SCOTUS issues decision regarding insanity defense in criminal cases

On March 23, the Supreme Court of the United States (SCOTUS) issued its opinion in the case Kahler v. Kansas.

The case: James Kahler was convicted of capital murder and sentenced to death. On appeal, Kahler argued the prosecution violated his right to a fair trial. The Kansas Supreme Court rejected Kahler’s argument, affirming his conviction and sentence. Kahler appealed to the U.S. Supreme Court, arguing that Kansas law violates his constitutional rights under the Eighth and 14th Amendments.

The issue: Do the Eighth and 14th Amendments permit a state to abolish the insanity defense?

The outcome: In a 6-3 ruling, the court affirmed the decision of the Kansas Supreme Court, holding that due process does not require Kansas to adopt an insanity test that turns on a defendant’s ability to recognize that their crime was morally wrong. Justice Elena Kagan delivered the opinion of the court. Justice Stephen Breyer filed a dissenting opinion, joined by Justices Ruth Bader Ginsburg and Sonia Sotomayor.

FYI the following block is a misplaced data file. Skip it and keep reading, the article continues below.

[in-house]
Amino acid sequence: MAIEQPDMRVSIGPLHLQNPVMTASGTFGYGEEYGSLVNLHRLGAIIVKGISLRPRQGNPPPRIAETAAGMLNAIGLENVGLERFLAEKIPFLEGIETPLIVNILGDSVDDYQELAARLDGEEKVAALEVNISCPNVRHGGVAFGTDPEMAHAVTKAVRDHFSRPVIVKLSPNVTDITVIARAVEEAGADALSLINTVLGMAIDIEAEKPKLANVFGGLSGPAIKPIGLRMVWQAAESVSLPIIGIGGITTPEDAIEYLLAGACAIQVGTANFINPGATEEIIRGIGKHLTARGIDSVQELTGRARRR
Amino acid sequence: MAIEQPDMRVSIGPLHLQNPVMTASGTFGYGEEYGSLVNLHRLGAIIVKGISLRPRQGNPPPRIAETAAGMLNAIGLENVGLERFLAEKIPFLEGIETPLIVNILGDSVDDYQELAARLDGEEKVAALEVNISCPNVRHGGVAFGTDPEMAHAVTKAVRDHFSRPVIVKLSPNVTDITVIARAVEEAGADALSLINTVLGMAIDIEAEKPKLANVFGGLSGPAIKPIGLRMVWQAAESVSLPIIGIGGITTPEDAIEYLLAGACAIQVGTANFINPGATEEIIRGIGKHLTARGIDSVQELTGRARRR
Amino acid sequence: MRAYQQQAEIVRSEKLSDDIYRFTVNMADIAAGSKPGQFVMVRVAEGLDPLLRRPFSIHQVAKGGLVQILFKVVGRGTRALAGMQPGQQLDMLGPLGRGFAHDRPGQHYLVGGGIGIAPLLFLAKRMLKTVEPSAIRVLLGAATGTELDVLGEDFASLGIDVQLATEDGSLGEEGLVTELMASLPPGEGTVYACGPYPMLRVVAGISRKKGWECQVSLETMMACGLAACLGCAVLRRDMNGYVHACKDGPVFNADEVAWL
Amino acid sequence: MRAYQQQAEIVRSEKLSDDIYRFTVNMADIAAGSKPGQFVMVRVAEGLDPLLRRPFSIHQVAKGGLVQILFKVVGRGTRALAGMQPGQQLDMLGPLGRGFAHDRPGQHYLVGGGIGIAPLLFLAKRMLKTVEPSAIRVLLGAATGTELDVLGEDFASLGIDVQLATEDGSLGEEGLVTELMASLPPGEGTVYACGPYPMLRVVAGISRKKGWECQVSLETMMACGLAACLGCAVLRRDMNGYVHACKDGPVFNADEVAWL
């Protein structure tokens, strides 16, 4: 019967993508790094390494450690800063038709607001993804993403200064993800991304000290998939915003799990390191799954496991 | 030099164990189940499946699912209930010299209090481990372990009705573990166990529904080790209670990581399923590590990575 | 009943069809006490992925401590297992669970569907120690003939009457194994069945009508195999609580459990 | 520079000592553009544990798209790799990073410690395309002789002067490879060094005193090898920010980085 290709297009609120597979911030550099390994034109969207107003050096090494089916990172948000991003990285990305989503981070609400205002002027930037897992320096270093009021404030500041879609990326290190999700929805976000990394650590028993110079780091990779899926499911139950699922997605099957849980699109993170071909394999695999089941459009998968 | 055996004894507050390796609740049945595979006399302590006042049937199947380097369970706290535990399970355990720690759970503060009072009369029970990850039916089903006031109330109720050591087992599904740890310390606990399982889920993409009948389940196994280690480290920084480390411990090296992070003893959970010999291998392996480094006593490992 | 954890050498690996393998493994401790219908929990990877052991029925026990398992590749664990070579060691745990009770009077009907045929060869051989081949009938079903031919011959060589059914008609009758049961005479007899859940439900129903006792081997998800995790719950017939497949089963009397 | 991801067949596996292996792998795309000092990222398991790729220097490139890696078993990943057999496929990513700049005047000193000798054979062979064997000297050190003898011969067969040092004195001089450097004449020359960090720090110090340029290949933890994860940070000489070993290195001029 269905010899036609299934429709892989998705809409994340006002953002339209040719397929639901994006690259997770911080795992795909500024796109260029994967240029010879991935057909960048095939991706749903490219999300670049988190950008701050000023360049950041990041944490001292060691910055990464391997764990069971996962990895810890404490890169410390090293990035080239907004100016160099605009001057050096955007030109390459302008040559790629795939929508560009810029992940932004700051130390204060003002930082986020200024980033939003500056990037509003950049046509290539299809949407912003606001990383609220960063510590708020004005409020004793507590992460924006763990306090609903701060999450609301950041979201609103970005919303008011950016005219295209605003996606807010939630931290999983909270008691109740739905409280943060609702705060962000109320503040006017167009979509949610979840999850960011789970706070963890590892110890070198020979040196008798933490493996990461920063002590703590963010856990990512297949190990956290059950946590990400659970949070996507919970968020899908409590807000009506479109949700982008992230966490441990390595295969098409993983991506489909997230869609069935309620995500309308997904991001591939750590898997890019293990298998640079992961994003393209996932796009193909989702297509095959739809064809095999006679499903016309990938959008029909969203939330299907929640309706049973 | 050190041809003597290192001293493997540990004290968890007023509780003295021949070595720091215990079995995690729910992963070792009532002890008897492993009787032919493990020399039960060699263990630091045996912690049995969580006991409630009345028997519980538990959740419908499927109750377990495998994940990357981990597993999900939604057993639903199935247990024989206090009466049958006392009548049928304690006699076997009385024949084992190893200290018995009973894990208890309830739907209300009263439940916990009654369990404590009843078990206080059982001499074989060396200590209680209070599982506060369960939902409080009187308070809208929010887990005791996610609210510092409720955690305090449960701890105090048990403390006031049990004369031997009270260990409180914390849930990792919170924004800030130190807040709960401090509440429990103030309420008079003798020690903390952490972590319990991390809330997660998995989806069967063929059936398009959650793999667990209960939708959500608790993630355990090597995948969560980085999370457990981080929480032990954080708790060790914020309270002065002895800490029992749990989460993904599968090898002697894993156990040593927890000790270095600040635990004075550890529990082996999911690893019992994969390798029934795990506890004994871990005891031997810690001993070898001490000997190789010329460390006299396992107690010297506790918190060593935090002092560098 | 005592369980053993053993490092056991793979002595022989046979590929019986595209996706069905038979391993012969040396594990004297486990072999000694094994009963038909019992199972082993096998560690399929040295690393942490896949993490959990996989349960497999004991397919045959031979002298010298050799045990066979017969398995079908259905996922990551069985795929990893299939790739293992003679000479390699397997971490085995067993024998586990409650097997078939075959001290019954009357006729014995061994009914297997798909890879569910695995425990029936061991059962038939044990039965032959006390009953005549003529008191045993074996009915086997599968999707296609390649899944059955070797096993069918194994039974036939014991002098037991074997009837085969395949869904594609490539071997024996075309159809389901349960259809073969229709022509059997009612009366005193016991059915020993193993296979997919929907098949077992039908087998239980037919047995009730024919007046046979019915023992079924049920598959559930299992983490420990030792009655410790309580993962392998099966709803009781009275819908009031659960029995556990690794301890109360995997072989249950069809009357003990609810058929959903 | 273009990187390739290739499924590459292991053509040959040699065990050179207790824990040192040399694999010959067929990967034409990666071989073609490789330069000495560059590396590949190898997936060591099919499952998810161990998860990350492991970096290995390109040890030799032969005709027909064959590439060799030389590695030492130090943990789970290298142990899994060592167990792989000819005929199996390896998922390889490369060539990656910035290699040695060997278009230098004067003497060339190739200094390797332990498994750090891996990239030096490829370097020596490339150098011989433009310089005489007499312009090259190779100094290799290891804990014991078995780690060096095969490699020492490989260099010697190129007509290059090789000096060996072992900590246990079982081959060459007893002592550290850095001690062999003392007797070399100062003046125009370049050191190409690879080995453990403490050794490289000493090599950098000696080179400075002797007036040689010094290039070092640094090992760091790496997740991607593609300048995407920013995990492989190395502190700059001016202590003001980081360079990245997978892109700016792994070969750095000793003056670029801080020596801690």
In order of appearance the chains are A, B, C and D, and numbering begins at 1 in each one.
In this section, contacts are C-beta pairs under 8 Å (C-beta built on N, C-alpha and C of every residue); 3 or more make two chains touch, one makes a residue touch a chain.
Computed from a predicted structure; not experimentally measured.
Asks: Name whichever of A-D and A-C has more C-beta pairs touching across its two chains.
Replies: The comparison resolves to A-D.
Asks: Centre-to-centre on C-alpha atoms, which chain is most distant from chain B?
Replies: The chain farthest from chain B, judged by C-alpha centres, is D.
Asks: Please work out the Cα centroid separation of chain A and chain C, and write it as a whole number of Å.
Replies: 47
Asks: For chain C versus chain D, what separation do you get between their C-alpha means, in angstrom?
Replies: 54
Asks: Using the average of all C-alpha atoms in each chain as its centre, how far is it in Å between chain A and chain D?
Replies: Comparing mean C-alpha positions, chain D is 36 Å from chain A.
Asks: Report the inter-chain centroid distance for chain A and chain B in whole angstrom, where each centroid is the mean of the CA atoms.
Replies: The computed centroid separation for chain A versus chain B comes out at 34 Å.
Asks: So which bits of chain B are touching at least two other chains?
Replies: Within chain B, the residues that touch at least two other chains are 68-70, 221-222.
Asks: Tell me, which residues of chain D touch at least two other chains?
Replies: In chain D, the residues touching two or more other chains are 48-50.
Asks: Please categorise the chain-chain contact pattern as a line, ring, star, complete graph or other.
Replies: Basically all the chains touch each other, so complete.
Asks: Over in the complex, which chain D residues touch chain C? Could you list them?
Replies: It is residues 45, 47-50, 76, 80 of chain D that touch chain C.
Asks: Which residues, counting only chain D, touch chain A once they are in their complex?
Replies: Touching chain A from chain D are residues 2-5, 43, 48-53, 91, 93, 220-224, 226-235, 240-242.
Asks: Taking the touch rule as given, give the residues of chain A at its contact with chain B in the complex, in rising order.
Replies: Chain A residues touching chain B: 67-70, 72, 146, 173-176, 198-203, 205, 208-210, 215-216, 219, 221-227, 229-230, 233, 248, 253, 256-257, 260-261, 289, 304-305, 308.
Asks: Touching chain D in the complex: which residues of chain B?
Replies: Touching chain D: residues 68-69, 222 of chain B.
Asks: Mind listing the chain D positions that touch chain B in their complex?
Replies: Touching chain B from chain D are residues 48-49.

As of March 23, 2020, the court had issued decisions in 16 cases this term. Between 2007 and 2018, SCOTUS released opinions in 924 cases, averaging between 70 and 90 cases per year.

Additional reading: